Tuesday, December 6, 2011

What has Happened to America's Tennis? My take is the talk of the town.

Released, Tuesday, December 06, 2011, TOTT, 919 610-5255

by Daniel A. Young, Sr., Winner N.C. Senior Games: 2009 and 2011.

It has been some time since American’s have dominated Tennis. At one time we seemed to have had the best facilities: Louis Armstrong Stadium, the Arthur Ashe Stadium. The best instructors: Vic Bradon, Nick Bollittieri, Dennis Van Der Meer. The best and most up todate balls, rackets, shoes and tennis equipment. So, what happened?

Well, as I see it, tennis has become too accessible. By that I mean, you can now just go to a tennis court and play. Few respect the purpose of the Challenge Court at some facilities.

Thus, they may call it tennis, because they have a tennis racket in their hand, but many beginners go and just bat the ball around. They have no visual concept of stroke production, stroking technique, other than what they may see of the professional players doing on the Tennis Channel. Players often running around their back hand, and seldom coming to the net.

I believe, since advertisers pay good money endorsing certain players, the tennis establishment, Tennis Magazines, USTA, Professional Tennis Association, is loathe to criticize the playing style of any one player, or commenting about these players likely causes of injury as a result of their style of play.

The public that gets their tennis on the TV will invariably copy what they see before them. Seldom do they see the fundamentals of stroke making, or commentary about stroke weaknesses of a players’ game.

Years ago, a wantabe player wouldn’t dream of asking a better player to play. Those learning to play didn’t always take lessons; lessons were for the country club set; but there were a plethora of tennis books on the library shelf, like: Use Your Head in Tennis, How to Beat Better Tennis Players, Match Play and the Spin of the Ball.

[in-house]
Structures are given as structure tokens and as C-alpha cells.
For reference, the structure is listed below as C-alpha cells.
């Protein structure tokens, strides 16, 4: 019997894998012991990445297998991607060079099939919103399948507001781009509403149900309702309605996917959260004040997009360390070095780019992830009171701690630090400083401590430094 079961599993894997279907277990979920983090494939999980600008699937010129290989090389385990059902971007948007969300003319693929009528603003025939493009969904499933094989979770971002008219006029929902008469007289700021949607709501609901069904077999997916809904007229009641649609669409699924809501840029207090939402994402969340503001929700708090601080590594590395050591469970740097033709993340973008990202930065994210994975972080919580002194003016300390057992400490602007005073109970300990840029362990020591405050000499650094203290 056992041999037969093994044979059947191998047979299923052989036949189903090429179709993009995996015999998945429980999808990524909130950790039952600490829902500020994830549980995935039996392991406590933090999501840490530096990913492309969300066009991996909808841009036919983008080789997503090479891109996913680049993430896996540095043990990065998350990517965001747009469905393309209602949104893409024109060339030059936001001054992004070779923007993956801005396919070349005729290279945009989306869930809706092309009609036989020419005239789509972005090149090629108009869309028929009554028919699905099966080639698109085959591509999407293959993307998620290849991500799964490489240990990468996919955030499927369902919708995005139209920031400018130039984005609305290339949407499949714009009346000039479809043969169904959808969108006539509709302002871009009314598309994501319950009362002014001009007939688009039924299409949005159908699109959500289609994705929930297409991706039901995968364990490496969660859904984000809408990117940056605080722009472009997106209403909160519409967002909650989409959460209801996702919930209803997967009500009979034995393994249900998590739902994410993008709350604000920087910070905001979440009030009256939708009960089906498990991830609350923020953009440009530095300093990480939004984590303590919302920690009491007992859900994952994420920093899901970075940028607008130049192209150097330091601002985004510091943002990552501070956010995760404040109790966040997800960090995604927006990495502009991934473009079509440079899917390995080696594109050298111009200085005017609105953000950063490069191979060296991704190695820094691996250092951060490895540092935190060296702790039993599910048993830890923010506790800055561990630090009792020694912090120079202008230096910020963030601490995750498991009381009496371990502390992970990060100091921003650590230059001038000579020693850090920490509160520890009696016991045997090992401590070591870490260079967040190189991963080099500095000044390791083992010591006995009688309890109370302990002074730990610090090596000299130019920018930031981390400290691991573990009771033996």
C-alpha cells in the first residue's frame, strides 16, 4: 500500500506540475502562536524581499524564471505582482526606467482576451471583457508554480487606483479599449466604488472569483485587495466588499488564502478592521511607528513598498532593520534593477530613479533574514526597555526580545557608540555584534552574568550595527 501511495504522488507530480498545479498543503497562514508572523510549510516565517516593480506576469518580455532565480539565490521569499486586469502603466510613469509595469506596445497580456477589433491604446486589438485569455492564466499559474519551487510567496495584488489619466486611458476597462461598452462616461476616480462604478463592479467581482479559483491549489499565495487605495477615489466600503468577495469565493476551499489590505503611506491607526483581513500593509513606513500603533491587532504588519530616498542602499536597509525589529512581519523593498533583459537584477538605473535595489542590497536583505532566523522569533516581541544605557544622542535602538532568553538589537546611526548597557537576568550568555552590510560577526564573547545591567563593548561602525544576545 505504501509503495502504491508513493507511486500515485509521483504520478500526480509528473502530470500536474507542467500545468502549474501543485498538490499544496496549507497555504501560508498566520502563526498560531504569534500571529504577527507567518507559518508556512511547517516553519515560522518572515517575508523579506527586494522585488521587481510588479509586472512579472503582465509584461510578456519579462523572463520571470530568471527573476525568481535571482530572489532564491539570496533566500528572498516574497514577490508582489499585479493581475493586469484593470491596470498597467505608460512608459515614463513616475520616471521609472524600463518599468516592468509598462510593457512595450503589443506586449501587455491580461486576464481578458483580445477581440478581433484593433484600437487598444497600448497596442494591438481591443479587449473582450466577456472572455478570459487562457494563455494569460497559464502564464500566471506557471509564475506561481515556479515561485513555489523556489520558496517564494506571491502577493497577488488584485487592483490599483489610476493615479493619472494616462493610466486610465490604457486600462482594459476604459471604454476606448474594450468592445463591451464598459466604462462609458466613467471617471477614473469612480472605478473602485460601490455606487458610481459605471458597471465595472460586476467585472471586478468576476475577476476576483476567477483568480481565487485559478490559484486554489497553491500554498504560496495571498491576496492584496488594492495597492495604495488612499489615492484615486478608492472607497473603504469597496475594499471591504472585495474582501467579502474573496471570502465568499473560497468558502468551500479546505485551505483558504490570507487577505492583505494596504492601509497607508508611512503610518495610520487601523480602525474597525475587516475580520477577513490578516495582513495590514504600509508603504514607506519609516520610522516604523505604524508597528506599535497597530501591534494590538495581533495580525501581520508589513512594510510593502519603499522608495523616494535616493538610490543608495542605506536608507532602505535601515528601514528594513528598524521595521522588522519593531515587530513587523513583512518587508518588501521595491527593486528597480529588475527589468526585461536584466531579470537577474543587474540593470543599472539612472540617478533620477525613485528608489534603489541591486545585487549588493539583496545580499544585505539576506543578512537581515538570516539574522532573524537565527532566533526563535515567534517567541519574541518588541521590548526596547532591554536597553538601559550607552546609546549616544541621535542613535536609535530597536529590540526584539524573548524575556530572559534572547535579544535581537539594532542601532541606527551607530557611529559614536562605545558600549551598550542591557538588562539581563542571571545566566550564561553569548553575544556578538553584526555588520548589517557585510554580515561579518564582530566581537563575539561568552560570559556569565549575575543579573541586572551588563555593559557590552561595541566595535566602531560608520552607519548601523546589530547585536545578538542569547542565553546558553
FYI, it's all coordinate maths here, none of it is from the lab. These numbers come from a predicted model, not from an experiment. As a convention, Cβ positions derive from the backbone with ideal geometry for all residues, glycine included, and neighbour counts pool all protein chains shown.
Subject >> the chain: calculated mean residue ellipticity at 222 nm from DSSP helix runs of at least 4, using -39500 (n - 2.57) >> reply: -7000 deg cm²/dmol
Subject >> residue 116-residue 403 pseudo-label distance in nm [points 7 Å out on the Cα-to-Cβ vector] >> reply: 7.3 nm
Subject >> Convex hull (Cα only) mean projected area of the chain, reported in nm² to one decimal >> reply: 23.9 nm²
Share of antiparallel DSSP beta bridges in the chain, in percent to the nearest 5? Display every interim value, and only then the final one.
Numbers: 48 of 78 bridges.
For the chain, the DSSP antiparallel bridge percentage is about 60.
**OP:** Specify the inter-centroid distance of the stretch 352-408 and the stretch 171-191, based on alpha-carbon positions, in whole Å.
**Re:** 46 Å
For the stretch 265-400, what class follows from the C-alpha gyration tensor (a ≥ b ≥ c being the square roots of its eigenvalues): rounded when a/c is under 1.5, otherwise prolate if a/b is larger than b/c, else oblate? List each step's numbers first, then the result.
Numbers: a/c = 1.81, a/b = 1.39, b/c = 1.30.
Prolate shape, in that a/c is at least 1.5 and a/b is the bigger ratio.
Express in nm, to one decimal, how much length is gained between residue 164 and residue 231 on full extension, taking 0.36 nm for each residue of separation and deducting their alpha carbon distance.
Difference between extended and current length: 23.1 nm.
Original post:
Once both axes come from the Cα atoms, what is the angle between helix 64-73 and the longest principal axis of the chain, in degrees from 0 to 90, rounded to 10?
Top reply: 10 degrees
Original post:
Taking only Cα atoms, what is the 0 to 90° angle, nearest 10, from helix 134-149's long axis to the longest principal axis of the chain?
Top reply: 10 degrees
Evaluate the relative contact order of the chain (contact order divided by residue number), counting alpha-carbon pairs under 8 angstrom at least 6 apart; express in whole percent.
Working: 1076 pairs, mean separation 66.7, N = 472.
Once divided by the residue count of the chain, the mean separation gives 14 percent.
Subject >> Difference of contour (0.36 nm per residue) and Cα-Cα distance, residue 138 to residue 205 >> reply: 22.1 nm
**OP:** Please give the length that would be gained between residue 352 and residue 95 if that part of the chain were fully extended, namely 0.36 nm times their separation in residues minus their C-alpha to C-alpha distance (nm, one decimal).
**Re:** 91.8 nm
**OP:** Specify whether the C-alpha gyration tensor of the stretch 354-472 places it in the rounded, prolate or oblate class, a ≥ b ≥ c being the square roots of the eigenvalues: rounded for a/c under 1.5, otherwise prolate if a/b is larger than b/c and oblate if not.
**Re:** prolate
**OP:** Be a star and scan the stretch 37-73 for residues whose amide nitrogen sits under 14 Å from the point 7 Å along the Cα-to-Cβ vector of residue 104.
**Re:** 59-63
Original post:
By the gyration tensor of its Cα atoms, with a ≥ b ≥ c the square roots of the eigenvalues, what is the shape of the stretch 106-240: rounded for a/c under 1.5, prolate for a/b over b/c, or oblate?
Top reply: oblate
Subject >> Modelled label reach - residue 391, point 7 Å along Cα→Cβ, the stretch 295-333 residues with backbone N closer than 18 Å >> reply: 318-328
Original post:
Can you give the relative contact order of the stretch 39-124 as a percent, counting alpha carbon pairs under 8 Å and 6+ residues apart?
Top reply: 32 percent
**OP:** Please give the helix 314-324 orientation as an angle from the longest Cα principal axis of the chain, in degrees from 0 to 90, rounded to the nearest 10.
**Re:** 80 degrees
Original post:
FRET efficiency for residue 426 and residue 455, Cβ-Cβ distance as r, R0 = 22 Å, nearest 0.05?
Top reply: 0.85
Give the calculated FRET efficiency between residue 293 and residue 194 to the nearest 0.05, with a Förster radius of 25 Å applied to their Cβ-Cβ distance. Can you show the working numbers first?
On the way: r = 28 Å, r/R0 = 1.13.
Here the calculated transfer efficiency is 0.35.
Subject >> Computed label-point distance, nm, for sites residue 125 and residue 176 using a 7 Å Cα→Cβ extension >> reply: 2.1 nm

There were talented teachers too. Bob Johnson, who taught Arthur Ashe, and Harry Hopman who taught Ken Rosewall, Rod Lever. All three mentioned were one-handed players.

There were instructors who studied the game, and practice what they taught while teaching. Today in tennis, as I see it, little, if any attention is paid to body kinetics in stroke production hence injuries to wrist, ankle, shoulders, and knees abound.

Look at Baseball for example, the majority of players still throw and bat very much alike with but modest changes. The batter faces the pitcher sideways to the ball. Two hands are always on the bat when trying to hit the ball. The right hand is placed above the lefthand on the bat if you are right handed, and vice versa for left handers.

Today’s tennis teachers appear to have no interest in explaining the benefits of one hand strokes, or proper footwork, and how to acquire it for necessary stroke production. Nor do they have interest in explaining the one-hand use and its capability for a variety stroke making, as compared to the disadvantage of two-hand stroke requiring more running, shorter reach and which dominates today’s play at the baseline for professional two handed strokes, because to explain the benefits would be considered: "Too old-school."

In my opinion, the USTA 10 and under program, does little more than takes kids away from their neighborhood, and away from their peers, as a family outing; few of these players are found to be capable, or able, or enthusiastic enough to practice on their own between the lessons where learning should take place.

Instructing, and teaching may take place with the instructor, with or without a ball machine during a lesson, but learning takes place with concentrated effort, dedicated hard work, and practicing on the wall.

In the early 70’s the controversy was about whether to loop the backswing, or to take it straight back. However, utilizing the practice wall, which sent the ball back so quickly, usually solved the racket back problem. Today, few if any instructors demonstrate to players they are teaching how to use the wall for practice.

Today the controversy is more about open stance versus closed stance; flat backhand, or top spin backhand; flat serve, or American Twist serve; or when is the I- formation, the true I-formation, and when was it first used; or players switching hands, when they don’t have a decent backhand.

In conclusion, the USTA has a monopoly on America’s Tennis, and must take responsibility for its demise in America, as well as its popularity world wide, and thus demand a return to the teaching of basic tennis fundamentals that in the words of the President of the Rupert Group: "Facilitates the Achievement of Excellence."

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